The roots of colonial cricket
African scholars at English missionary institutions were keen cricketers and made the game their own. PIC/A1319, Corey Library for Historical Research, Rhodes University. Used with permission.
Throughout the 1800s cricket became increasingly popular in the British colonies. Created by the English, the game was introduced by government officials and the military to the West Indies and South Africa at about the same time; to Barbados in 1806 and to Cape Town in 1808. In Barbados, newspapers carried cricket reports alongside notices about slave sales and the fluctuations in sugar prices.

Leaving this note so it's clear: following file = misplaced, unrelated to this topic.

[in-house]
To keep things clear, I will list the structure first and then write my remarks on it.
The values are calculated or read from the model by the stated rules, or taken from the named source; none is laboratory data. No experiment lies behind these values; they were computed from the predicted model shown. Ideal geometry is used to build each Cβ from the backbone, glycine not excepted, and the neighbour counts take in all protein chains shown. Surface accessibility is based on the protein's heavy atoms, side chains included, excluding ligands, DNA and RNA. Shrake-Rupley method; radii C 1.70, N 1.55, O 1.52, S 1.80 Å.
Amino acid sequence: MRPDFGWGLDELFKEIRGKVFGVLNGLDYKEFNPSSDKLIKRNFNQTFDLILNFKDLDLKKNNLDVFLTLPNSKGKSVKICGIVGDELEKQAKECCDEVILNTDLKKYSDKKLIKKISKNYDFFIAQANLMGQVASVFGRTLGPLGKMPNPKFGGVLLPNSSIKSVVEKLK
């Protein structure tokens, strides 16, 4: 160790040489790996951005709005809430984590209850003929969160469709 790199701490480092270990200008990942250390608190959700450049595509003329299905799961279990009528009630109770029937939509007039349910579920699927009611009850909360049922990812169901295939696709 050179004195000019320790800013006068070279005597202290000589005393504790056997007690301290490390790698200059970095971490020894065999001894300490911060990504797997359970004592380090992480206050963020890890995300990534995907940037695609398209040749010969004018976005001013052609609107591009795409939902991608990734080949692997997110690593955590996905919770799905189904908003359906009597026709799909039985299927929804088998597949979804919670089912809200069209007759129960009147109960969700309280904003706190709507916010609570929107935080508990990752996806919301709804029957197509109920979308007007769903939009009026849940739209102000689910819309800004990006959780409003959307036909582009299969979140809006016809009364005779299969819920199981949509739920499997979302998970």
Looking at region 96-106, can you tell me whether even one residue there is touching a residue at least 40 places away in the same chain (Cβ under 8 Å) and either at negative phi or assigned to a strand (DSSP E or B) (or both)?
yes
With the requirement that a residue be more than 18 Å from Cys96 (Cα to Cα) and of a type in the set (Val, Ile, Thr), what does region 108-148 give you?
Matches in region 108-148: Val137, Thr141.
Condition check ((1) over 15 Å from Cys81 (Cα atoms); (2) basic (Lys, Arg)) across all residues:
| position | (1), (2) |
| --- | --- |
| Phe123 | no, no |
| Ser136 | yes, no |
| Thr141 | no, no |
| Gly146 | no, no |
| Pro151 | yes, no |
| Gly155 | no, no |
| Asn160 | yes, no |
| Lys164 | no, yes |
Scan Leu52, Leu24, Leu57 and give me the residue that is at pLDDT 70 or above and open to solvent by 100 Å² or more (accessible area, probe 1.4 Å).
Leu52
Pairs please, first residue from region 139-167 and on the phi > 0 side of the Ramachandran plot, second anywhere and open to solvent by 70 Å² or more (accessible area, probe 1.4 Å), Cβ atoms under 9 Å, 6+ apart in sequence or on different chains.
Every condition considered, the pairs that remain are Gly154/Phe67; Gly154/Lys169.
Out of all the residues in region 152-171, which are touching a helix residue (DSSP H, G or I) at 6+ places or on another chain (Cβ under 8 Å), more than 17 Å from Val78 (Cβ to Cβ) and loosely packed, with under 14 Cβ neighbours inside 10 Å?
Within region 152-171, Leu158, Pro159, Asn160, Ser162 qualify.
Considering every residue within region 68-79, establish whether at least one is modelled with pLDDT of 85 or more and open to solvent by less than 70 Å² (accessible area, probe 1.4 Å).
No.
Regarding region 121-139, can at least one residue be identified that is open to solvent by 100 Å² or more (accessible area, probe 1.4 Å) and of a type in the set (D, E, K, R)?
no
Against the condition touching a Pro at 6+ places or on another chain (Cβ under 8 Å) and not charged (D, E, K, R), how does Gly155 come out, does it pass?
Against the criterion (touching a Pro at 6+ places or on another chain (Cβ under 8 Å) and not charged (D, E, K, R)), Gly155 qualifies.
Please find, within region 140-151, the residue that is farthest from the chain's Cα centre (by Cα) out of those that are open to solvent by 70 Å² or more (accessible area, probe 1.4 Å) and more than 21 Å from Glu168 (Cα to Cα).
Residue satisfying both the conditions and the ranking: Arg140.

After the enslaved Africans were freed in 1838, Britain recognised the power of the game to reinforce the social hierarchy in its colonies. The white classes needed constant reminding that they were a 'race' set apart from the Africans in their midst. Cricket was watched only by 'highly respectable ladies and gentlemen', while the plantation owners prepared the cricket field and provided the hospitality.
The boundary of Empire
Throughout their Empire the British created boundaries. The cricket 'boundary' is therefore deeply symbolic for people struggling to free themselves.
Cricket was taught in missionary schools in order to impart English values to the indigenous people. The Africans came to love the game as much as the English.
Colonial cricket gradually evolved from being used as a tool of social control. Adopted by freed Africans throughout the world, the game would take on boundaries very different from those understood by its originators.